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Indonesian Students Protest Outside Presidential Palace

  • Published on
    March 29, 2018
  • News Source Image
  • Category:
    Domestic Slavery, Forced Labor, Human Trafficking, Law & Policy, Prevention
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Hundreds of students and activists from East Nusa Tenggara province protested outside of the presidential palace in Jakarta this week, demanding that President Jokowi take action to curb human trafficking.

Nearly 3 million Indonesian migrant workers in Malaysia come from East Nusa Tenggara, a province in eastern Indonesia. Protest organizers said the rally was in response to the growing numbers of Indonesian migrant workers dying abroad.

One protester Maria Yohanista Djou, stressed that “The delivery of a corpse [to a worker’s family] should be more than enough cause for the government to take serious steps.”

This year alone 18 Indonesian workers have died in Malaysia, including Adelina Jemira Sau, who was severely physically abused by her employer.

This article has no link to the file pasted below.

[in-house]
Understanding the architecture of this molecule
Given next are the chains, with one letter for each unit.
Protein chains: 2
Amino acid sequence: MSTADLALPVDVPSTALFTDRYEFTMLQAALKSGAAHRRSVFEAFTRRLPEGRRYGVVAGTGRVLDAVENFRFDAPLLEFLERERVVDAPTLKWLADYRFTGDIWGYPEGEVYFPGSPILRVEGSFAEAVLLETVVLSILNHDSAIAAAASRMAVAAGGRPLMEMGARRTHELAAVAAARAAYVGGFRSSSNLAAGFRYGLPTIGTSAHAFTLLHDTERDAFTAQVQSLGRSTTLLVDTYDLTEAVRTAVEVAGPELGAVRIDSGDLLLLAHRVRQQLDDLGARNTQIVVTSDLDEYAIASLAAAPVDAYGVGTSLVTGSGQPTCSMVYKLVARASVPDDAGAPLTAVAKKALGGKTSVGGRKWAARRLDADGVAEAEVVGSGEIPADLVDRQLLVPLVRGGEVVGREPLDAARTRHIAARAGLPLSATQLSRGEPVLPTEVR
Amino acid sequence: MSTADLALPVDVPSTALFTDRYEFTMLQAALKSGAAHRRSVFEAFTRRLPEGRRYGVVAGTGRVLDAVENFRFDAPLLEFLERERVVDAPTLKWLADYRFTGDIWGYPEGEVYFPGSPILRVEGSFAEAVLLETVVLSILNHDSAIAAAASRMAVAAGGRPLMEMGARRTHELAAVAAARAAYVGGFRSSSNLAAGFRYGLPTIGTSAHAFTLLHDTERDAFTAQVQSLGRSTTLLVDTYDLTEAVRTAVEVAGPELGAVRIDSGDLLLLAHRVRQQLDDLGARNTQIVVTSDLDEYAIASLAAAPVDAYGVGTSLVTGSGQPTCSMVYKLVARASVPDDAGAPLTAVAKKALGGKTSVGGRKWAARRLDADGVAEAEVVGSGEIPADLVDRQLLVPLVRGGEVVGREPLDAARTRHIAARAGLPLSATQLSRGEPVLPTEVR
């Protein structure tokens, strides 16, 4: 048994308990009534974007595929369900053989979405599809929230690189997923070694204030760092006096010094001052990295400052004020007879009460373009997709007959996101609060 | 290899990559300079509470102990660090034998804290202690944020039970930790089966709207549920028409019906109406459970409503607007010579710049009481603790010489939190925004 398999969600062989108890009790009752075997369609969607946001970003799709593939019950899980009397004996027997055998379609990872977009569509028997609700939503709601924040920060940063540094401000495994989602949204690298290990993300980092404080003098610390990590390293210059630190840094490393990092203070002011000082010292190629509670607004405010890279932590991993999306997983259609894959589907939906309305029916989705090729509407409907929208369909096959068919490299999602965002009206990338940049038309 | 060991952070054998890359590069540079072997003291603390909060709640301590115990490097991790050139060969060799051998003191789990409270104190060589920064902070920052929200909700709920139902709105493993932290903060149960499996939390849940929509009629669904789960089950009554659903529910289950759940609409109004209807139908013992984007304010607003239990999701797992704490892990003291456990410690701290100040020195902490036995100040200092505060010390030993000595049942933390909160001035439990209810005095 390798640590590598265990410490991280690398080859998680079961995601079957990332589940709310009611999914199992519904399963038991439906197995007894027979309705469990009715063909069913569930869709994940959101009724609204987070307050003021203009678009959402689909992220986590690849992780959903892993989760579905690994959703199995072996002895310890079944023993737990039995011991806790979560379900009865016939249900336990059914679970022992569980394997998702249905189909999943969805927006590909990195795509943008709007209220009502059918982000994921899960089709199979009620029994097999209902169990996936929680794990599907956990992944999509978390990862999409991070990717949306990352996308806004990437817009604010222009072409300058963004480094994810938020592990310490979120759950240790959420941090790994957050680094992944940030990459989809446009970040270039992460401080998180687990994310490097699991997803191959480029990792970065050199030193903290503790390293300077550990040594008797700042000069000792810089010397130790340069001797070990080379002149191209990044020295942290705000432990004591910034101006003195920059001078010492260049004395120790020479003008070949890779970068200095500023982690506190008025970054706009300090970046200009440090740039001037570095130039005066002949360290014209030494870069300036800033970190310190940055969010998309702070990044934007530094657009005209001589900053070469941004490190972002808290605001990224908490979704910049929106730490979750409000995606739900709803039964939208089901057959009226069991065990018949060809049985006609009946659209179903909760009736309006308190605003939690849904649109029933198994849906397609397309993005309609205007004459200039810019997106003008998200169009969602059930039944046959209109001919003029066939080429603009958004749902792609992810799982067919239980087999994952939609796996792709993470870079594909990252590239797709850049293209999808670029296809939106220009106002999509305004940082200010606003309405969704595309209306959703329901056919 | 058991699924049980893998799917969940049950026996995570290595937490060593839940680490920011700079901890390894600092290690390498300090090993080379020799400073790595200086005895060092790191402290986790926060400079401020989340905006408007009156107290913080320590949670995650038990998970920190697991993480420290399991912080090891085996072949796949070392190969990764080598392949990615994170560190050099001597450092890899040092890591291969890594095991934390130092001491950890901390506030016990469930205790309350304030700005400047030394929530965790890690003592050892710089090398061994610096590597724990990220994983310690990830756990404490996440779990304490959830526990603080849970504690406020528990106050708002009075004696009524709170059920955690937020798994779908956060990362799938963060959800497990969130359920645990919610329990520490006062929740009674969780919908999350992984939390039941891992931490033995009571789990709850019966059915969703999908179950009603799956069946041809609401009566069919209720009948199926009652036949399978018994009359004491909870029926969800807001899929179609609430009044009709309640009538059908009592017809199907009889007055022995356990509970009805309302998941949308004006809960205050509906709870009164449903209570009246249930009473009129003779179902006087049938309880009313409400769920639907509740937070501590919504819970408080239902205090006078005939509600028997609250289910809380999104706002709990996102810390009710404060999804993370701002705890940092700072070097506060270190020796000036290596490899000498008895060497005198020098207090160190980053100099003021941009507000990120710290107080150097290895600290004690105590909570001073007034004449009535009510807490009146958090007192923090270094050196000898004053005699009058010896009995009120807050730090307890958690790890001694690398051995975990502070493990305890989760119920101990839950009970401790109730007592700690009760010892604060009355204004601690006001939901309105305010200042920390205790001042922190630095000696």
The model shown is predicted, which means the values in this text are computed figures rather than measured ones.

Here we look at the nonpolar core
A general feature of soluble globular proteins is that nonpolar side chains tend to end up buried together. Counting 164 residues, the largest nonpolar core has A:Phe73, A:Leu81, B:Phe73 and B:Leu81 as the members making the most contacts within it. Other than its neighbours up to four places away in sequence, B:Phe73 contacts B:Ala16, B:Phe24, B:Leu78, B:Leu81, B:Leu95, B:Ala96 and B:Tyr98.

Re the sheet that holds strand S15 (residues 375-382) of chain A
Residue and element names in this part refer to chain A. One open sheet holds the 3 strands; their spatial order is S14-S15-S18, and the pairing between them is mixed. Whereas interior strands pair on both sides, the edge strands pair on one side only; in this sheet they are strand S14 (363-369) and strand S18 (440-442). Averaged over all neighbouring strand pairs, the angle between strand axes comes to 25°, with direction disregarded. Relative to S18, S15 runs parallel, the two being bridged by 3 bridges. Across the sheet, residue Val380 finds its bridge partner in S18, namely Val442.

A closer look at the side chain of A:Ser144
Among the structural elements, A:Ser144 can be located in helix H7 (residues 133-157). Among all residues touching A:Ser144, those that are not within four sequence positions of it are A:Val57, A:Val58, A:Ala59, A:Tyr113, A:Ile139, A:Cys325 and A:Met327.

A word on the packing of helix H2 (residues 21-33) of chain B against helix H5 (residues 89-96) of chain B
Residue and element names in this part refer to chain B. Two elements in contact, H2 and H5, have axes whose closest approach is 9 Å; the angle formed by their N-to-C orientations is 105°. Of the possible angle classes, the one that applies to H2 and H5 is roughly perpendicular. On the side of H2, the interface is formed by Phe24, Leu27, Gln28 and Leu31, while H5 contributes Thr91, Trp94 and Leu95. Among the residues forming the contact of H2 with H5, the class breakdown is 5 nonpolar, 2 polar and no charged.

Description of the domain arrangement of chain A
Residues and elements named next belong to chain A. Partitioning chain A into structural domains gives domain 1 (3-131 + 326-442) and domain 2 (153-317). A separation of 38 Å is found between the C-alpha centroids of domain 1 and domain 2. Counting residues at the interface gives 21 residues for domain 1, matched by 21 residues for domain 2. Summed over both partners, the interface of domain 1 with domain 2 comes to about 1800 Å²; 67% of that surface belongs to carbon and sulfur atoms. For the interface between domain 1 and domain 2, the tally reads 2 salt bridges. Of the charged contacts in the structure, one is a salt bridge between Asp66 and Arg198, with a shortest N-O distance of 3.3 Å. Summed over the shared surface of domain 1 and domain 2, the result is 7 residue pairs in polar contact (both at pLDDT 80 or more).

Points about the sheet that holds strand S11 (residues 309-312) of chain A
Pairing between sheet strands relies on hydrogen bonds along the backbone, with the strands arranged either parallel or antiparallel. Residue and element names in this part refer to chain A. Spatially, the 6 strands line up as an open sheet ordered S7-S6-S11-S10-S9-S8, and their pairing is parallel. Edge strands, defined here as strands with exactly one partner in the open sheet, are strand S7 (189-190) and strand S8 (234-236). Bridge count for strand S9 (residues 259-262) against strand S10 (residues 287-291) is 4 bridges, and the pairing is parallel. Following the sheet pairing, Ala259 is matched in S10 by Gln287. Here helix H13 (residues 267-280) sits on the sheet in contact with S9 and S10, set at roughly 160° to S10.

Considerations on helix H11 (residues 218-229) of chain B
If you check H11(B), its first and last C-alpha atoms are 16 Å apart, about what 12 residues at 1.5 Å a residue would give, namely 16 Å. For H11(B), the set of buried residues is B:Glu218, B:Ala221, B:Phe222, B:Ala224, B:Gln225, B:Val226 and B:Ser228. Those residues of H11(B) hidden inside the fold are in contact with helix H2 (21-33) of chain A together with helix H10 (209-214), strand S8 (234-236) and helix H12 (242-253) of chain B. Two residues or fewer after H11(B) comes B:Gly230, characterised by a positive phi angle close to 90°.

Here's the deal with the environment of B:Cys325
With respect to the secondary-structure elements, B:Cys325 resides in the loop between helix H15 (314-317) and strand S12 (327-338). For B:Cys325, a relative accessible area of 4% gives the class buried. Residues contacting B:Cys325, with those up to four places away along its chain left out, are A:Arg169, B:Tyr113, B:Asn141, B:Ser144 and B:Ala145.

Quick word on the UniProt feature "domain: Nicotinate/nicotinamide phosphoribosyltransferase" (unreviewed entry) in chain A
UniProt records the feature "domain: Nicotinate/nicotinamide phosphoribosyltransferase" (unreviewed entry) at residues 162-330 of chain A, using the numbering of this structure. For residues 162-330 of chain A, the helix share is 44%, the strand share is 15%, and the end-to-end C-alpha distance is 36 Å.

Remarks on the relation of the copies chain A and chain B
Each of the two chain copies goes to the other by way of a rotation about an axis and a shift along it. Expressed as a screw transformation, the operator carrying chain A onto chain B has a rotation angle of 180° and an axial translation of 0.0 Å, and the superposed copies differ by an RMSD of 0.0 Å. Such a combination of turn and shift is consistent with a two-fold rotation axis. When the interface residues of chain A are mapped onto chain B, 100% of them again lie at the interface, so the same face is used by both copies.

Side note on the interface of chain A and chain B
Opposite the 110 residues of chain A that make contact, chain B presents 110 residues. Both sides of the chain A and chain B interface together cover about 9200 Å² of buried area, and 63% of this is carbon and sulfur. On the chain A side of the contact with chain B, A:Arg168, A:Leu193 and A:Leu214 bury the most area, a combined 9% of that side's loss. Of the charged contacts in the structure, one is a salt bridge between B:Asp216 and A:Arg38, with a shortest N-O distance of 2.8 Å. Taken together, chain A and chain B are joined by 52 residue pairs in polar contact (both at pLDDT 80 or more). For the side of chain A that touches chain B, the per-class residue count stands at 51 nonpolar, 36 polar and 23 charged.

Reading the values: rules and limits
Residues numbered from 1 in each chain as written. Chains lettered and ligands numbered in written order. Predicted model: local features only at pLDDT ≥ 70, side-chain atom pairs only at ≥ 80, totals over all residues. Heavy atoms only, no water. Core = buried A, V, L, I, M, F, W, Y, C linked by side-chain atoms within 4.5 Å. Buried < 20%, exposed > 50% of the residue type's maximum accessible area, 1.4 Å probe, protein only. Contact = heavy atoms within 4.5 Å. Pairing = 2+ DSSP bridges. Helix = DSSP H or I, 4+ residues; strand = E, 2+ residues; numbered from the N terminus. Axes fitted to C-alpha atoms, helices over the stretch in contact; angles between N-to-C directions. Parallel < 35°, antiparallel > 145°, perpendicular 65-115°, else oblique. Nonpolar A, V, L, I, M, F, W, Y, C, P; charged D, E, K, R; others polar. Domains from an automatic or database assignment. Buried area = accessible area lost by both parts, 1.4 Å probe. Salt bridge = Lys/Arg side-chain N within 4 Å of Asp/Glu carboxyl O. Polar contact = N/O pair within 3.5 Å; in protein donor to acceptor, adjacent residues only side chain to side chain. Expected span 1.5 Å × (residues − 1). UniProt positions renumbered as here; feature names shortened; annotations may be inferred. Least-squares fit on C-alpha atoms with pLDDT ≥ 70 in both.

UCA News reports:

The protesters said the government “can no longer rely solely on the usual ways to deal with human trafficking as the number of dead victims who are being sent home continues to rise.”

“We can see that earlier promises [to address the situation] have borne little fruit. Instead of dropping, the number of cases is growing,” said Nus Meo from the East Nusa Tenggara Care Forum.

The rally in the capital was just one of a series of protests organized by people in the Christian-majority province against human trafficking.

In Kupang, the provincial capital, several human rights groups conducted another demonstration commanding the attention of the governor and police chief on March 28.

Meo suggested that the Indonesian government put a moratorium on sending migrant workers to foreign countries that fail to protect them — namely Malaysia.

The Agency for the Placement and Protection of Indonesian Migrant Workers says that more than 9 out of 10 Indonesians who travel to work in Malaysia do so without the correct documentation. Some of these are cases of trafficking, and activists says corruption is largely to blame.

Martinus Gabriel Goa Sola, director of the Advocacy Service for Justice and Peace in Indonesia, said it is extremely difficult to stop traffickers by relying on law enforcement officers as they turn a blind eye to unscrupulous recruiters.

“They are the ones who roam around looking for workers. Meanwhile, the masterminds who provide all the funding are never touched,” he said.


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